In the first few hours, I needed to go to a nightclub, but had to wait for it to open at 6 p.m. In the game. I could have skipped ahead time, but instead decided to just roam around the neighborhood to take in Night City. This is where Cyberpunk 2077 is at its best.
The city being a character is a common marketing trope for video games, but in this case, I could believe it. There are so many unique stores and people and just wandering down a street is fun. I loved seeing the design of how the walkways connect and how the futuristic tech influenced the overall look and layout of the city. Digital projections and neon colors are everywhere. Night City is a more colorful version of Blade Runner.
Aimlessly walking around Night City reminded me of times I have spent walking down The Strip in Las Vegas without a destination. Just taking in the glowing neon lights with activity around every corner. The density of people isn’t quite to that realistic level, even with the next-gen update. It felt like a weekday afternoon in Chicago all the time. Night City was always active, but rarely truly bustling. Still, the detail is incredibly impressive and awe-inspiring. Who needs the game when I can just be in this city and see what’s out there?
After a while I started to drive more as missions required me to go a few kilometers from where I was, but walking remained my preferred way to go for medium distance trips. The driving doesn’t feel great and I didn’t like any of the three cameras (which offered a first-person driver’s view and two chase cameras which I thought were too low).
Going through Night City you will hear ambient conversations that sometimes are amusing. Even if you don’t stop to listen, they add flavor and immersion. The immersion doesn’t go all the way though. The more I played, the more weird things I noticed. Night City is an incredibly impressive playground for a video game, but it is still a video game with familiar quirks. These obviously don’t rise to the level of important critiques, but do provide a sense of the depth that is there while still facing the limitations of a video game.
For example, the crosswalks are labeled digitally on the ground with green walk lights or red don’t walk lights. They don’t always sync up with the traffic lights or what the pedestrians do. Also, when another character is driving you somewhere, they will ignore every red light to get to the destination. Waiting in traffic isn’t exactly amusing in video games, and the rides can be entirely skipped when there isn’t a conversation, it is another reminder that this is a video game.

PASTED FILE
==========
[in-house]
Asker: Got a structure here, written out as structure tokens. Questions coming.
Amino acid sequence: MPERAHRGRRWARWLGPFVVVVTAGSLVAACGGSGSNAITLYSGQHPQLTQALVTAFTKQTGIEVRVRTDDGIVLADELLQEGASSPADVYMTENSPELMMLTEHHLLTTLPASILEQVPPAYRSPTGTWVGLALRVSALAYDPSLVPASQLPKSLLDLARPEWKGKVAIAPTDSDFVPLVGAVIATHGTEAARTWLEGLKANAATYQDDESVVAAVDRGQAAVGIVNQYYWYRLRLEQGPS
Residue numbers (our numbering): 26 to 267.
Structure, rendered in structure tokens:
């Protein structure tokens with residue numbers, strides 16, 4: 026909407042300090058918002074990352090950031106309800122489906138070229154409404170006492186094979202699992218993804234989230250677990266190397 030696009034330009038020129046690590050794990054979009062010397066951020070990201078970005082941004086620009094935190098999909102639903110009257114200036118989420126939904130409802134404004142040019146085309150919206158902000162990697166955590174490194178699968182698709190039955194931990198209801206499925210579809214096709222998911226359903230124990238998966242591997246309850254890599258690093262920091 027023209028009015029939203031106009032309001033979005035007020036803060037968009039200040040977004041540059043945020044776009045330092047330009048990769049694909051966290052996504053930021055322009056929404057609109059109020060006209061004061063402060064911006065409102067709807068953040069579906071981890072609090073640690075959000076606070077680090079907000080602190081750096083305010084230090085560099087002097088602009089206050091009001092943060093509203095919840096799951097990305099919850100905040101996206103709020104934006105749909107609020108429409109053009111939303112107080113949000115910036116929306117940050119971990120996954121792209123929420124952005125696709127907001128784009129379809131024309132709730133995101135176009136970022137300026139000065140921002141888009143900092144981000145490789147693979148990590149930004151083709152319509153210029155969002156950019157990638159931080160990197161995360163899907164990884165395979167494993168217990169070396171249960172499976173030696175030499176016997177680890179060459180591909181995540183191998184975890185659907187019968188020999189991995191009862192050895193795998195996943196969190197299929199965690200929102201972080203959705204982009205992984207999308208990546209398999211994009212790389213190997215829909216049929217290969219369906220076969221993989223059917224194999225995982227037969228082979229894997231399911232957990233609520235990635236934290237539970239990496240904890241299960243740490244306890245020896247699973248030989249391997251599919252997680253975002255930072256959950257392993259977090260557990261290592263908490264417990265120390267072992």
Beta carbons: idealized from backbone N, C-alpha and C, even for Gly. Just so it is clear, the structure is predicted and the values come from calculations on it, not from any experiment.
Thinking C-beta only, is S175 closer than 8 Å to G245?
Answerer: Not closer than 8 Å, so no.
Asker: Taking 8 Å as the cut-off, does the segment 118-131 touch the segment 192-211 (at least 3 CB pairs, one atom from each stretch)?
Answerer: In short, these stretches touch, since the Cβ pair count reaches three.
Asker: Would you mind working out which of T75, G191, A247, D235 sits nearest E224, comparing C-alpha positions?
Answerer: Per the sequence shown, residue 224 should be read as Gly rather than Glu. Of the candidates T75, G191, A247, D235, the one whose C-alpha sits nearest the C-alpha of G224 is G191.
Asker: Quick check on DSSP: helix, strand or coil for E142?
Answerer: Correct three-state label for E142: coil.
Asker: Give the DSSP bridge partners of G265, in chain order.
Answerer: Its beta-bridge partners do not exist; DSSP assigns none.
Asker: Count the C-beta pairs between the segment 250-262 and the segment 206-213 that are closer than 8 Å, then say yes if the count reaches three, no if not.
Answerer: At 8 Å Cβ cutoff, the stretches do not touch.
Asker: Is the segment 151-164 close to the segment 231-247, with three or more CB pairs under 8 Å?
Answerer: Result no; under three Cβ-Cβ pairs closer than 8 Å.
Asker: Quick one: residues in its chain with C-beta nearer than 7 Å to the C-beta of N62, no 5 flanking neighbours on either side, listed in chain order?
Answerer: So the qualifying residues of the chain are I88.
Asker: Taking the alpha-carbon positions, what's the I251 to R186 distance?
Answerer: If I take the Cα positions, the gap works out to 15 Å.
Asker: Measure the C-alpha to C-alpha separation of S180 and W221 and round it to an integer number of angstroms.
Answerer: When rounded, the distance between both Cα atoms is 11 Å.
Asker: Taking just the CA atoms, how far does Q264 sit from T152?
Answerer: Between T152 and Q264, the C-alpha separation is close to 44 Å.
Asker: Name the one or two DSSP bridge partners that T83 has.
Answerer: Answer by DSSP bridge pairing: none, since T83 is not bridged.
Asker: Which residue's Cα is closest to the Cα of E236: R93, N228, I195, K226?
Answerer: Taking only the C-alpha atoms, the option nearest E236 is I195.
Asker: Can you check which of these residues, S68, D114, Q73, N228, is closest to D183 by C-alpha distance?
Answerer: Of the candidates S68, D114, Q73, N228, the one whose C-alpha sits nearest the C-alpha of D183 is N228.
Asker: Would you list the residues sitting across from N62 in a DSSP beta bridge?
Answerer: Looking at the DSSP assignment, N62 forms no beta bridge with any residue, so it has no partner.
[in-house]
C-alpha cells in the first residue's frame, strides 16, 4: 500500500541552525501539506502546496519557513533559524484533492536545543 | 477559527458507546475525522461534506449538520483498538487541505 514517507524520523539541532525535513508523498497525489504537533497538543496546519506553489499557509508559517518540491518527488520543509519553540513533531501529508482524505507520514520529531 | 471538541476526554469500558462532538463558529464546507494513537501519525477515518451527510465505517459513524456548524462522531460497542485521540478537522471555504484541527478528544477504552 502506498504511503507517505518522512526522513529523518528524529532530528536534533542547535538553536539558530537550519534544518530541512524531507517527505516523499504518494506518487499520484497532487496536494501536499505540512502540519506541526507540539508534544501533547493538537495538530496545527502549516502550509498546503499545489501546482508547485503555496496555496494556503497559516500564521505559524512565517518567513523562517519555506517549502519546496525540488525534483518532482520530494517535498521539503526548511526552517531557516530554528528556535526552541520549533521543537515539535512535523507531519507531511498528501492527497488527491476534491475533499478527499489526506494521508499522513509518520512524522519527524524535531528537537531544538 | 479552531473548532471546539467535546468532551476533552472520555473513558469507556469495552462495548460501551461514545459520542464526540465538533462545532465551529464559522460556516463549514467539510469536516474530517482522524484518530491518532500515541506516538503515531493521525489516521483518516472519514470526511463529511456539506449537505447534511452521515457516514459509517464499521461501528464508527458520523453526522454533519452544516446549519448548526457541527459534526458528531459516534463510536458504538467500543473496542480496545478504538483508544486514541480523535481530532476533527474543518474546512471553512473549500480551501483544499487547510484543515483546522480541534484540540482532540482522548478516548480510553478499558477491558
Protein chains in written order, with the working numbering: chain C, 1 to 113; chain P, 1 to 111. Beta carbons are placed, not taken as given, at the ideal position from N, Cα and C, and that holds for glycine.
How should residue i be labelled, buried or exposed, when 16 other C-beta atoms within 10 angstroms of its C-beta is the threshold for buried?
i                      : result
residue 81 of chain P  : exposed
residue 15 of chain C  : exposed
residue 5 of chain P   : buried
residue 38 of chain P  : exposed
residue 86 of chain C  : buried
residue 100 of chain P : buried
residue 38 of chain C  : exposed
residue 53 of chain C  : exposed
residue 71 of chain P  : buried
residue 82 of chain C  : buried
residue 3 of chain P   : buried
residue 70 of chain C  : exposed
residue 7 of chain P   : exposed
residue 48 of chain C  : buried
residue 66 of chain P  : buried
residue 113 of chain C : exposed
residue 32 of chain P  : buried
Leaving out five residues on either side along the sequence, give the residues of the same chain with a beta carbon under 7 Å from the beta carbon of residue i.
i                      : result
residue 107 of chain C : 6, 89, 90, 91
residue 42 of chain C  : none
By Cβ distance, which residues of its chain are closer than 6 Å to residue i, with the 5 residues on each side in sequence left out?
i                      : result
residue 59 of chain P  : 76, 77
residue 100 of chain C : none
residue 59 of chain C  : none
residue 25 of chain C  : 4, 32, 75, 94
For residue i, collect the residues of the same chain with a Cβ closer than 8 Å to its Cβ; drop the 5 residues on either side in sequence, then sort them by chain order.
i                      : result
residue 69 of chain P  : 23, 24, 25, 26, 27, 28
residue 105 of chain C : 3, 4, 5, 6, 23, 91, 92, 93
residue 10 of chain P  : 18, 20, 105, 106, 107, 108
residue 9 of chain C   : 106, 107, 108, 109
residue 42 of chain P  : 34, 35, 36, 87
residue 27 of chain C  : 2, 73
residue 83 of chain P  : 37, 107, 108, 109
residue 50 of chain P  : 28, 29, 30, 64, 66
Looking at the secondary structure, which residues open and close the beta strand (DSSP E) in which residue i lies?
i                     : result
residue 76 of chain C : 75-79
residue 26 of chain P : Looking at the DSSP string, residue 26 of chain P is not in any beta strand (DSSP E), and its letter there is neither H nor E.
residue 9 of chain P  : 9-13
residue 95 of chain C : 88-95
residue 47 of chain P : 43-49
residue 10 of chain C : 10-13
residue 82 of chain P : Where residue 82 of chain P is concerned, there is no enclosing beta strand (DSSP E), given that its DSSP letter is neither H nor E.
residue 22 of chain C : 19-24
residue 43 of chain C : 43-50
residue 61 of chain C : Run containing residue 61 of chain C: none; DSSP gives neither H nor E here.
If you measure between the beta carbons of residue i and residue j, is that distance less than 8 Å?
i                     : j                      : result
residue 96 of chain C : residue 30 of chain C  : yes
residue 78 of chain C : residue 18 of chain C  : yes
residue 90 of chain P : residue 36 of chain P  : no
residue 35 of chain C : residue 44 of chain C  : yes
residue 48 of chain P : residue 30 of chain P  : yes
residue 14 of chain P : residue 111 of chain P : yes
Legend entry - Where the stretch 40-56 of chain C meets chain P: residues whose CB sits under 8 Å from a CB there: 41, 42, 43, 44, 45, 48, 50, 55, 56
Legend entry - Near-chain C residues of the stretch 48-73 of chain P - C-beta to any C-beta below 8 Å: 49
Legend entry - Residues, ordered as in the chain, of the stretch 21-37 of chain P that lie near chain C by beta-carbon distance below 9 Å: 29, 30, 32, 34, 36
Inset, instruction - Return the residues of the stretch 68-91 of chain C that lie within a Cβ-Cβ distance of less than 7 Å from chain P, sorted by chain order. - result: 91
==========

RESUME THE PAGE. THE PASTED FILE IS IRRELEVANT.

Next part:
Similar to the gameplay, the story is a mostly generic version of something out of a Grand Theft Auto game. V is a mercenary and has to work with various allies to achieve goals of the story, while trying not to get double-crossed by the largely untrustworthy supporting cast. Some of the characters are believable and I wanted to see what was going to happen next in their story. It’s cool to have Keanu Reeves play an important role as Johnny Silverhands. Others were less original caricatures of a drug dealer, mercenary or mafia member.
Overall, Cyberpunk 2077 is a good game now. It is the first game that has caused the fan on my PS5 to run loud enough that I noticed it, so it is stressing the hardware to some extent, but it runs well. After where Cyberpunk was when it launched, that’s meaningful. The gameplay and story won’t live up to the hype it had built up before release, but if you like dense, open-world games and were intrigued by the cyberpunk style, this is an easy recommendation. However, it’s not quite a must-play.
A PlayStation 5 review key was provided for this review.